Cash-covered puts can not only be dangerous in situations like this but can also tie up substantial amounts of capital with unrealized losses. A risk-defined put spread is essential in order to limit downside risk and avoid any capital-intensive assignment of shares. When comparing the two scenarios, the put spread would result in a max loss of $440 per contract; however, with a 30% slide in the underlying stock, an unrealized loss of $2,500 per contract would result. This is a five-fold difference in losses when comparing a risk-defined put spread to a cash covered put spread.
10 Rules For An Agile Options Strategy
A disciplined approach to an agile options-based portfolio is essential to navigate pockets of volatility and circumvent market declines. A slew of protective measures should be deployed if options are used to drive portfolio results. When selling options and managing an options-based portfolio, the following guidelines are essential (Figure 3):
1. Trade across a wide array of uncorrelated tickers
2. Maximize sector diversity
3. Spread option contracts over various expiration dates
4. Sell options in high implied volatility environments
5. Manage winning trades
6. Use defined-risk trades
7. Maintains a ~50% cash level
8. Maximize the number of trades, so the probabilities play out to the expected outcomes
9. Place probability of success in your favor (delta)
10. Appropriate position sizing/trade allocation
Figure 1 – The importance of risk-defined options trades such as put spreads, call spreads and iron condors which is the foundation of options trading - Trade Notification Service and Options Screening Tool
An options-based portfolio can provide durability and resiliency to drive portfolio results with substantially less risk via a holistic portfolio approach via options, cash, and stock. When engaging in options trading, specific rules must be followed, and one of the most important rules is to structure every option trade in a risk-defined (put spreads, call spreads, iron condors, etc.) manner. The market meltdown in January reinforces why appropriate risk management is essential, and all option trades should be risk-defined. An options-based approach provides a margin of safety while circumventing drastic market moves while containing portfolio volatility.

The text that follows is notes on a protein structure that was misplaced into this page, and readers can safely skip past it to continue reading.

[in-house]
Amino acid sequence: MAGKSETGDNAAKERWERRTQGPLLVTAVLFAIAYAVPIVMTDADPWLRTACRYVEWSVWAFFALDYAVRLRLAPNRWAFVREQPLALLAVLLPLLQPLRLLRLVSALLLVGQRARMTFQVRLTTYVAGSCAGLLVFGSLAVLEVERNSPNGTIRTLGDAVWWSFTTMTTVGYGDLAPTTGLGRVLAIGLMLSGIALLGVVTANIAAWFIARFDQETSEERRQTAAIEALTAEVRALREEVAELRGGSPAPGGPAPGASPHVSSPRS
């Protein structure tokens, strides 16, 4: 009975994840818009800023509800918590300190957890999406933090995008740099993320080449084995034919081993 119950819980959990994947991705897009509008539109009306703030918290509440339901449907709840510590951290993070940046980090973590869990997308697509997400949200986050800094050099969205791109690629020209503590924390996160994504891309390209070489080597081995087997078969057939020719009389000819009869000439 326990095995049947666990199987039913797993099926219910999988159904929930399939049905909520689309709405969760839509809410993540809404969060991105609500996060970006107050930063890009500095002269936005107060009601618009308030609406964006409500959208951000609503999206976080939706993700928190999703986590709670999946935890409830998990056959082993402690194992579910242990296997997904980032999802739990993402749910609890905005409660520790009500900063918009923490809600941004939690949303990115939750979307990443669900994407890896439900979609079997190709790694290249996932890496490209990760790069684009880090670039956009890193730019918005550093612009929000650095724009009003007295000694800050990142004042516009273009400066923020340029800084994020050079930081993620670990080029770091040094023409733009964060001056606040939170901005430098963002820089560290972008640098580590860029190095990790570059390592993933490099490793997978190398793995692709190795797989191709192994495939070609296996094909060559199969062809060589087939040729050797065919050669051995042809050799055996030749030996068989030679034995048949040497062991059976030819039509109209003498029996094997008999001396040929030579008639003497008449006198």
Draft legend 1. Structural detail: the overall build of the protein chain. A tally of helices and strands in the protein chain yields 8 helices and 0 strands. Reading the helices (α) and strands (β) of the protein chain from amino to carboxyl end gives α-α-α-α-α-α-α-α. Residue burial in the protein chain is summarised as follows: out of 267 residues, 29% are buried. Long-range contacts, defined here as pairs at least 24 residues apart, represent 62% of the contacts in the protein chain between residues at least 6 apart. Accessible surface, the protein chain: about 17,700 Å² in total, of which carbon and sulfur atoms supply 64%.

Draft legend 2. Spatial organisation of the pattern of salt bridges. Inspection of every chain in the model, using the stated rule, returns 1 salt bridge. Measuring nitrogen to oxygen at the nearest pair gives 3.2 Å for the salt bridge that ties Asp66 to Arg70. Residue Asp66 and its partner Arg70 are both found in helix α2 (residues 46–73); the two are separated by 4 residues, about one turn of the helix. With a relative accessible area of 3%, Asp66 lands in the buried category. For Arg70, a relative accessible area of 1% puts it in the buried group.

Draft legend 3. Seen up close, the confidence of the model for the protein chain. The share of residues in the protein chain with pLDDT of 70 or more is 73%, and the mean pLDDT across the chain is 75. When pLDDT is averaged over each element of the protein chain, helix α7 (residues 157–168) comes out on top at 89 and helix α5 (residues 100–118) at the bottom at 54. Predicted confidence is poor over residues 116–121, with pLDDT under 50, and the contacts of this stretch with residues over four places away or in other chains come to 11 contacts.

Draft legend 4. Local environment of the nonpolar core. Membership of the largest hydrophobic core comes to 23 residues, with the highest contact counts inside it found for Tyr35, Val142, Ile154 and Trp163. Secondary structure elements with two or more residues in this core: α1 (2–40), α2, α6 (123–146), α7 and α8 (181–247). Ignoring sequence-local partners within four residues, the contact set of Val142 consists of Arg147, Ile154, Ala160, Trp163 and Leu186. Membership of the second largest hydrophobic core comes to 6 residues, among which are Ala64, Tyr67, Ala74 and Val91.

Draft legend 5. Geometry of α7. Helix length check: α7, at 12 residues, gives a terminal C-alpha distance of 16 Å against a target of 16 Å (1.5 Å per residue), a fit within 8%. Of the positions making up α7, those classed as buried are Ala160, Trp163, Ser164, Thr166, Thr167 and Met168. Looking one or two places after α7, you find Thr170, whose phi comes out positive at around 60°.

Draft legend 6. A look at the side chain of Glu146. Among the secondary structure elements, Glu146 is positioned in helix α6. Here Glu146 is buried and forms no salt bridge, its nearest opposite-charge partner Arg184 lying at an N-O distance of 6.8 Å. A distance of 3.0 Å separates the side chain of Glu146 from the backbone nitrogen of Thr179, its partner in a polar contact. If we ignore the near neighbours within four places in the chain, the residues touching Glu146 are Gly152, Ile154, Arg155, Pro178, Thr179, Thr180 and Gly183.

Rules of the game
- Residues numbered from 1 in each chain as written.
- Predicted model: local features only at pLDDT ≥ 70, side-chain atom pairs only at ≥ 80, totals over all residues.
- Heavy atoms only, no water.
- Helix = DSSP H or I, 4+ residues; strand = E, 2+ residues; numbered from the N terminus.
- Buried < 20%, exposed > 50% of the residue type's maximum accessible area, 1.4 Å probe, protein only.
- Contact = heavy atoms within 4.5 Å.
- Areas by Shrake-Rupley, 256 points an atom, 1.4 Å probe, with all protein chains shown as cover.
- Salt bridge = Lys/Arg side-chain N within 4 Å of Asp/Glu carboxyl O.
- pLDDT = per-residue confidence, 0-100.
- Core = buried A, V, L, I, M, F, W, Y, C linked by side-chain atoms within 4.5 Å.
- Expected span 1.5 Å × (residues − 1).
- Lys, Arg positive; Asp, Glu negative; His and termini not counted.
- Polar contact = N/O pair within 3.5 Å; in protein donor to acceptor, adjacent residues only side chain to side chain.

Hence the importance of risk-defining all options trades to limit any downward stock movement beyond your protection strike. Risk-defined options trading prevents any losses beyond a specific strike price, avoids the assignment of shares, does not require a significant amount of capital, and does not potentially result in unrealized losses while tying up large sums of capital with share assignments. Just a simple example between a risk-defined put spread and a cash covered put resulted in a 5-fold magnitude of losses given a 30% drop in a stock which was the norm in January where many stocks were more than cut in half.
Disclosure: Stock Options Dad LLC is a Registered Investment Adviser (RIA) firm specializing in options-based services and education. There are no business relationships with any companies mentioned in this article. This article reflects the opinions of the RIA. Any recommendation contained in this article is subject to change at any time. No recommendation is intended to constitute an entire portfolio. The author encourages all investors to conduct their own research and due diligence prior to investing or taking any actions in options trading. Please feel free to comment and provide feedback; the author values all responses. The author is the founder and Managing Member of Stock Options Dad LLC – A Registered Investment Adviser (RIA) firm www.stockoptionsdad.com defining risk, leveraging a minimal amount of capital and maximizing return on investment. For more engaging, short-duration options-based content, visit Stock Options Dad LLC’s YouTube channel. Please direct all inquires to [email protected]. The author holds shares of AAPL, ADBE, AMZN, AXP, BA, BBY, BMY, C, CMG, CRM, DIA, DIS, FB, FDX, FXI, GOOGL, GS, HD, INTC, IWM, JPM, MRK, MSFT, NKE, NVDA, PYPL, QQQ, SPY, SQ, TWTR, UNH, USO, V and WMT.